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On average, high school seniors answered correctly only 52.4 percent of questions about personal finance and economics, according to a nationwide survey.
updated 4/5/2006 1:29:36 PM ET 2006-04-05T17:29:36

They like to spend it, but young people don’t know much about how money works.

On average, high school seniors answered correctly only 52.4 percent of questions about personal finance and economics, according to a nationwide survey released Wednesday. Still, that was a smidgen better than the 52.3 percent in the previous survey in 2004 and was up from the lowest-ever score of 50.2 percent in 2002.

“This indicates that, despite the attention now paid to the lack of financial literacy, the problem is not about to resolve itself anytime soon,” said Lewis Mandell, a professor of finance and managerial economics at the University of Buffalo School of Management who conducted the survey and analyzed its results.

The latest survey — the fifth — was released by the Federal Reserve.

The surveys, done every two years, were sponsored by the Jump$tart Coalition for Personal Financial Literacy, which wants students to have the skills to be financially competent.

In the survey, 55.8 percent said they would have no liability if their credit card was stolen and a thief ran up $1,000 worth of debt. (Liability is limited to $50 after the credit-card issuer is notified.) Only 15.1 percent knew they could be responsible to pay $50. Two years ago, 18.1 percent gave the correct answer.

Only 14.2 percent correctly said that stocks likely would offer the higher growth over 18 years of saving for a child’s education. That was down from 17.2 percent who knew the right answer in the 2004 survey. In this year’s survey 44.8 percent thought a U.S. savings bond — one of the most conservative investments — would offer the highest growth.

“Clearly the survey demonstrates the large gap between what students know and learn from life experiences and the need on the part of adults to find the right combination that will make financial literacy meaningful to young adults leaving the safety of high school,” said Laura Levine, executive director of the Jump$tart Coalition.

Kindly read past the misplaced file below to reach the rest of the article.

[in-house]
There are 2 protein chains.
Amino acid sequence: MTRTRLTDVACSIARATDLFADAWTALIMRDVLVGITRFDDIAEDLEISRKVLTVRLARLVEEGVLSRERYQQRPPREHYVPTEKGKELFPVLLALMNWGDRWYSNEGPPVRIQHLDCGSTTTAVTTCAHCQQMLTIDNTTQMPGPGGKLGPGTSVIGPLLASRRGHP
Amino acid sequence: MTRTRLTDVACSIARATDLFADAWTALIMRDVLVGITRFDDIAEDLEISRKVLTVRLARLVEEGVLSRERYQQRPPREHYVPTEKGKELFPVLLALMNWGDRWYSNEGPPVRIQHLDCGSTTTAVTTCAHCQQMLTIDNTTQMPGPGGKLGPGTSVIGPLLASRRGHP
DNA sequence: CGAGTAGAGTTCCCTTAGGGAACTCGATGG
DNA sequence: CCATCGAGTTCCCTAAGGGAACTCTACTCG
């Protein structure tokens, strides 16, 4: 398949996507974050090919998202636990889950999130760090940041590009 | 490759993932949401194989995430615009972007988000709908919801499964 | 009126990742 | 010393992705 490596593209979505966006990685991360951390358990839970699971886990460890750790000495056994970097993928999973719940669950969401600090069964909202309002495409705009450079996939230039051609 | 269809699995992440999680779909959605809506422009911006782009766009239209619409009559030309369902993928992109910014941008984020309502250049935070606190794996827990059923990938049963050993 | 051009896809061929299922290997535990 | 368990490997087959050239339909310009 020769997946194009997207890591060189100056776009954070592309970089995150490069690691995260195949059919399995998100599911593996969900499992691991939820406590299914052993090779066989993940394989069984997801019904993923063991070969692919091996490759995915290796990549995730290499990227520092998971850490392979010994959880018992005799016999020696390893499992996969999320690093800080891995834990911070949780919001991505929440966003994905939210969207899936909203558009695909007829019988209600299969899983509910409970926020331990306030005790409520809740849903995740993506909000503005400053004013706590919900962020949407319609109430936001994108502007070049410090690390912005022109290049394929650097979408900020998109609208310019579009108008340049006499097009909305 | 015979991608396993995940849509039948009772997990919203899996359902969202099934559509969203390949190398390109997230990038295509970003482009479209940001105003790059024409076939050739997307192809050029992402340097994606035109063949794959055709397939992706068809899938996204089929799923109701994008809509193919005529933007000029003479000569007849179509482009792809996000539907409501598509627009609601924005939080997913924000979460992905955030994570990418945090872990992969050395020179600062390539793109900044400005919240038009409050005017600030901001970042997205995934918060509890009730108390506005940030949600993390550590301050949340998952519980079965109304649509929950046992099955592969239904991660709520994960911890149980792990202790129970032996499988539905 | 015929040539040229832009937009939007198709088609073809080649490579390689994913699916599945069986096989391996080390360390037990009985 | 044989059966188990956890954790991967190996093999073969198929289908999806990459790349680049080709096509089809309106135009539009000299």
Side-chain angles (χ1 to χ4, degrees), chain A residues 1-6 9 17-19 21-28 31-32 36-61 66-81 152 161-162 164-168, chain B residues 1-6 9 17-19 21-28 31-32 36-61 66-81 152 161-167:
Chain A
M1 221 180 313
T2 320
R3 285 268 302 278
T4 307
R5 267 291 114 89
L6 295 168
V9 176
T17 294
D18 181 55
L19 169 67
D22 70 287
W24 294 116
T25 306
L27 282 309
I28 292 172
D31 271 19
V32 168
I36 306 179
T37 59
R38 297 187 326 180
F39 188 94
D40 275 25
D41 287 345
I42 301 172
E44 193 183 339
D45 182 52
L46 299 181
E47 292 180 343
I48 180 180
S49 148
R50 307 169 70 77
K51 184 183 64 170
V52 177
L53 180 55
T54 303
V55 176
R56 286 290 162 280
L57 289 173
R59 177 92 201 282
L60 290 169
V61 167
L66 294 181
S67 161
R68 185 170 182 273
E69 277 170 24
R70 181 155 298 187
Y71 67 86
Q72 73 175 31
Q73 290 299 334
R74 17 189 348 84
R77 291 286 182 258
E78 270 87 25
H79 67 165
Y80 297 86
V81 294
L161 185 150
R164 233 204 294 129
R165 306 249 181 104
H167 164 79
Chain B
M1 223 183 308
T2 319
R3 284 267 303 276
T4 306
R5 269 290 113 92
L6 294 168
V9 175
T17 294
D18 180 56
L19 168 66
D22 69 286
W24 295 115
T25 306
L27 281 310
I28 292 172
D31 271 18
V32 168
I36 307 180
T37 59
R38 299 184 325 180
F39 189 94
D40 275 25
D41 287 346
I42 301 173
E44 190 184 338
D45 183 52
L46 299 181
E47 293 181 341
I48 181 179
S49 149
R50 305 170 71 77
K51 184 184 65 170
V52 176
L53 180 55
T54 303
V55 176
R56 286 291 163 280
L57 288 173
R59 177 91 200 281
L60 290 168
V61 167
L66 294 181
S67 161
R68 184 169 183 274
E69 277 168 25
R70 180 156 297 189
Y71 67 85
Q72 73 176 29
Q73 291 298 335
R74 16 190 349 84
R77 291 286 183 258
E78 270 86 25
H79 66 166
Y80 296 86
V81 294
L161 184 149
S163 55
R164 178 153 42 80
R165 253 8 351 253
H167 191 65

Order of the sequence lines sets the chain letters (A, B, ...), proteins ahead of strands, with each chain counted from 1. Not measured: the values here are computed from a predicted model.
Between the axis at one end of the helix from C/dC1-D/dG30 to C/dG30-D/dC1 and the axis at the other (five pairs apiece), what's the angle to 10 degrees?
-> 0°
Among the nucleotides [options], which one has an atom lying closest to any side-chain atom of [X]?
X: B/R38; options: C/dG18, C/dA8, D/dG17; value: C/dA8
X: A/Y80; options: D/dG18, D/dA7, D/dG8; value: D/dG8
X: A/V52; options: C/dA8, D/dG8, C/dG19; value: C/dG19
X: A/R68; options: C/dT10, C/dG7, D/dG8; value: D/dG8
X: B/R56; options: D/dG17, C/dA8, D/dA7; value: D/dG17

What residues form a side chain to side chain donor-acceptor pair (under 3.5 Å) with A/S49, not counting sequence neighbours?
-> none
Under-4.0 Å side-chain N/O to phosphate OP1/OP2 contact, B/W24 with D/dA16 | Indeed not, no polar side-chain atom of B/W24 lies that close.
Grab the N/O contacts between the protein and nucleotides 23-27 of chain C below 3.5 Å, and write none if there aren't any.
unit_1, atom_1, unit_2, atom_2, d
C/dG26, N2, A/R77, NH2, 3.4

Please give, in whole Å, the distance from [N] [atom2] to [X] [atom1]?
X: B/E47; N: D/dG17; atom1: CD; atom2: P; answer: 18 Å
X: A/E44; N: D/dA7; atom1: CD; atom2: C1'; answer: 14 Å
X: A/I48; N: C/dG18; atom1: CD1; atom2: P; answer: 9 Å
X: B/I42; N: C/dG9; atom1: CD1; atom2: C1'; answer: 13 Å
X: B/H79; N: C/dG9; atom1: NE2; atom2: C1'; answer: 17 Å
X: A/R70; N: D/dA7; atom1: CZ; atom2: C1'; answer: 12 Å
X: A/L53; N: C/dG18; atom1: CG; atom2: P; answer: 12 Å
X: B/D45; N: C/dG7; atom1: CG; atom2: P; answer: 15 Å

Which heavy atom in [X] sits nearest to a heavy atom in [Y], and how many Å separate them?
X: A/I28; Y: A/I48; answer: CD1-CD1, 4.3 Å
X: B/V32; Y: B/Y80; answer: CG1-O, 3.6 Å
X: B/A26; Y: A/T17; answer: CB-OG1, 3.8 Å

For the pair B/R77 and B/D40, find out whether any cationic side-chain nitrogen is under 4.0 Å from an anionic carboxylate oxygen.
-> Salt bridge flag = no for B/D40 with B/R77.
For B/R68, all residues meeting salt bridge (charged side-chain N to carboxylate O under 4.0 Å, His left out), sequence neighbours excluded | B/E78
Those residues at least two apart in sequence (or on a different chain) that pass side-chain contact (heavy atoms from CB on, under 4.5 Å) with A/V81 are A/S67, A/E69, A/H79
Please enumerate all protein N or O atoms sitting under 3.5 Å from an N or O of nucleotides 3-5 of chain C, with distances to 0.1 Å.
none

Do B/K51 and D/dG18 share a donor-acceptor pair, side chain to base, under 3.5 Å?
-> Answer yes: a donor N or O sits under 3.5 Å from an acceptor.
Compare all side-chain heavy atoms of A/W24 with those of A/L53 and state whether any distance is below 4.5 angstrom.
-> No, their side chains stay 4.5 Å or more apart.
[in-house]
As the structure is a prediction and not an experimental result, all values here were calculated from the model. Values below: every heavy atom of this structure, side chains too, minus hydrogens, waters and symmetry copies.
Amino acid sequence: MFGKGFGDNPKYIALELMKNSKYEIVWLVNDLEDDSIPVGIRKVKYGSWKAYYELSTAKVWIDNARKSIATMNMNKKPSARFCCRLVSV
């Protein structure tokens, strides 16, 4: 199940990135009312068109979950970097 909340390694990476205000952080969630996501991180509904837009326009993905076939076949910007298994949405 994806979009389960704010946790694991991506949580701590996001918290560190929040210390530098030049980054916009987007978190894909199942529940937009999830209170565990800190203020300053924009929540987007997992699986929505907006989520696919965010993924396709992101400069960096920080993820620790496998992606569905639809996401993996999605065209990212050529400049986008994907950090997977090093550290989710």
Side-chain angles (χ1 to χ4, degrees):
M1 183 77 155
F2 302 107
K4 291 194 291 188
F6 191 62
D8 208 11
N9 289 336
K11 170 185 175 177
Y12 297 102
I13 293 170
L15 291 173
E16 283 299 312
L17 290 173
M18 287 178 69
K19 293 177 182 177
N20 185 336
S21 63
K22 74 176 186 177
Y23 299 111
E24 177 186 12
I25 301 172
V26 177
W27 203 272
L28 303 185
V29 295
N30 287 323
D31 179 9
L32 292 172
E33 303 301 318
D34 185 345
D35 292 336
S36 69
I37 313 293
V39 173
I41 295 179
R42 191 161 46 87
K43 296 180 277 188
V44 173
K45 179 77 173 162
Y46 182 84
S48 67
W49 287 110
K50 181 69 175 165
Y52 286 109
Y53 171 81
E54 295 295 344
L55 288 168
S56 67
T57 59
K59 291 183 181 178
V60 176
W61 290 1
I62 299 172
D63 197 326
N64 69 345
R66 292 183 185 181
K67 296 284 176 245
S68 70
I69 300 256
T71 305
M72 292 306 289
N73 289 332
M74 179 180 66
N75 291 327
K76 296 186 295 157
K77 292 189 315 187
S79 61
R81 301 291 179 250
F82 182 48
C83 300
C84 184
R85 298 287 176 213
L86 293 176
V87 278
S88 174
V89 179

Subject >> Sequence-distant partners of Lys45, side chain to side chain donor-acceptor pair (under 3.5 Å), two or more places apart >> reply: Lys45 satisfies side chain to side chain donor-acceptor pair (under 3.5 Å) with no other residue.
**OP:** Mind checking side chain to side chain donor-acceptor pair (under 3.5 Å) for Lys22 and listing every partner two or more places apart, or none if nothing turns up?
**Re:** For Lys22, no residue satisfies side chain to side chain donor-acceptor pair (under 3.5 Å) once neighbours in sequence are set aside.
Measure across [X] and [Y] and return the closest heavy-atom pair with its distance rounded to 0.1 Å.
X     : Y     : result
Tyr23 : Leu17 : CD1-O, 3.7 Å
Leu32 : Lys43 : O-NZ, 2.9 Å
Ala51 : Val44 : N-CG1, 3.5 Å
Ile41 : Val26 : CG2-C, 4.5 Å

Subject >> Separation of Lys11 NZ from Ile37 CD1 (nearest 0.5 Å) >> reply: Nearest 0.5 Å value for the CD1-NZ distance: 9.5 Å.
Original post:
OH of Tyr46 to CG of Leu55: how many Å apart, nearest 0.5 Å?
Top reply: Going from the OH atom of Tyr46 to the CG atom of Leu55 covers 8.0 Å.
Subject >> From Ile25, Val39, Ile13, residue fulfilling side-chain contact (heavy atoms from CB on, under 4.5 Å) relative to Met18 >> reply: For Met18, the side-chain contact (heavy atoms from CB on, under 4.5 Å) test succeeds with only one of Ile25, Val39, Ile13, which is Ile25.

Federal Reserve Chairman Ben Bernanke said financial literacy for both the young and old is a topic of vital importance to the nation’s economic future.

“Increasingly, personal financial security requires the ability to understand and navigate the financial marketplace. For example, buying a home, saving for retirement or for children’s education, or even effectively managing the family budget now requires more financial sophistication then ever before,” Bernanke said.

Some other results in the survey:

  • Just 22.7 percent knew that income tax may be charged on the interest earned from a savings account at a bank if a person’s income is high enough. Nearly 51 percent said that earnings from savings account interest may not be taxed. In the last survey, 23.9 percent chose the correct answer.
  • Nearly 38 percent correctly said that retirement income paid by a company is called a pension. That’s up from 34.2 percent who answered right in the last survey. Still, close to 59 percent in the current survey thought it was called Social Security or a 401(k).
  • Only 28.6 percent knew that a bond issued by one of the 50 states is not protected by the federal government against loss. In the previous survey, 35.3 percent chose the right answer — that such bonds are not federally protected against loss.

Seniors from higher-income families scored better than those from lower-income households, Mandell said.

For instance, 12th-graders from families with incomes greater than $80,000 a year scored an average of 55.6 percent, while students from families at the lowest rung — less than $20,000 a year — had a score of 48.5 percent.

By race, white students scored an average of 55 percent. Blacks and Hispanics scored 44.7 percent and 46.8 percent respectively. Asians scored an average 49.4 percent.

Given the ever-expanding financial decisions people face, it is especially crucial that they sharpen their financial skills, experts said. “It’s not a subject that anyone can afford to fail,” said Richard Yamarone, economist at Argus Research.

© 2013 The Associated Press. All rights reserved. This material may not be published, broadcast, rewritten or redistributed.

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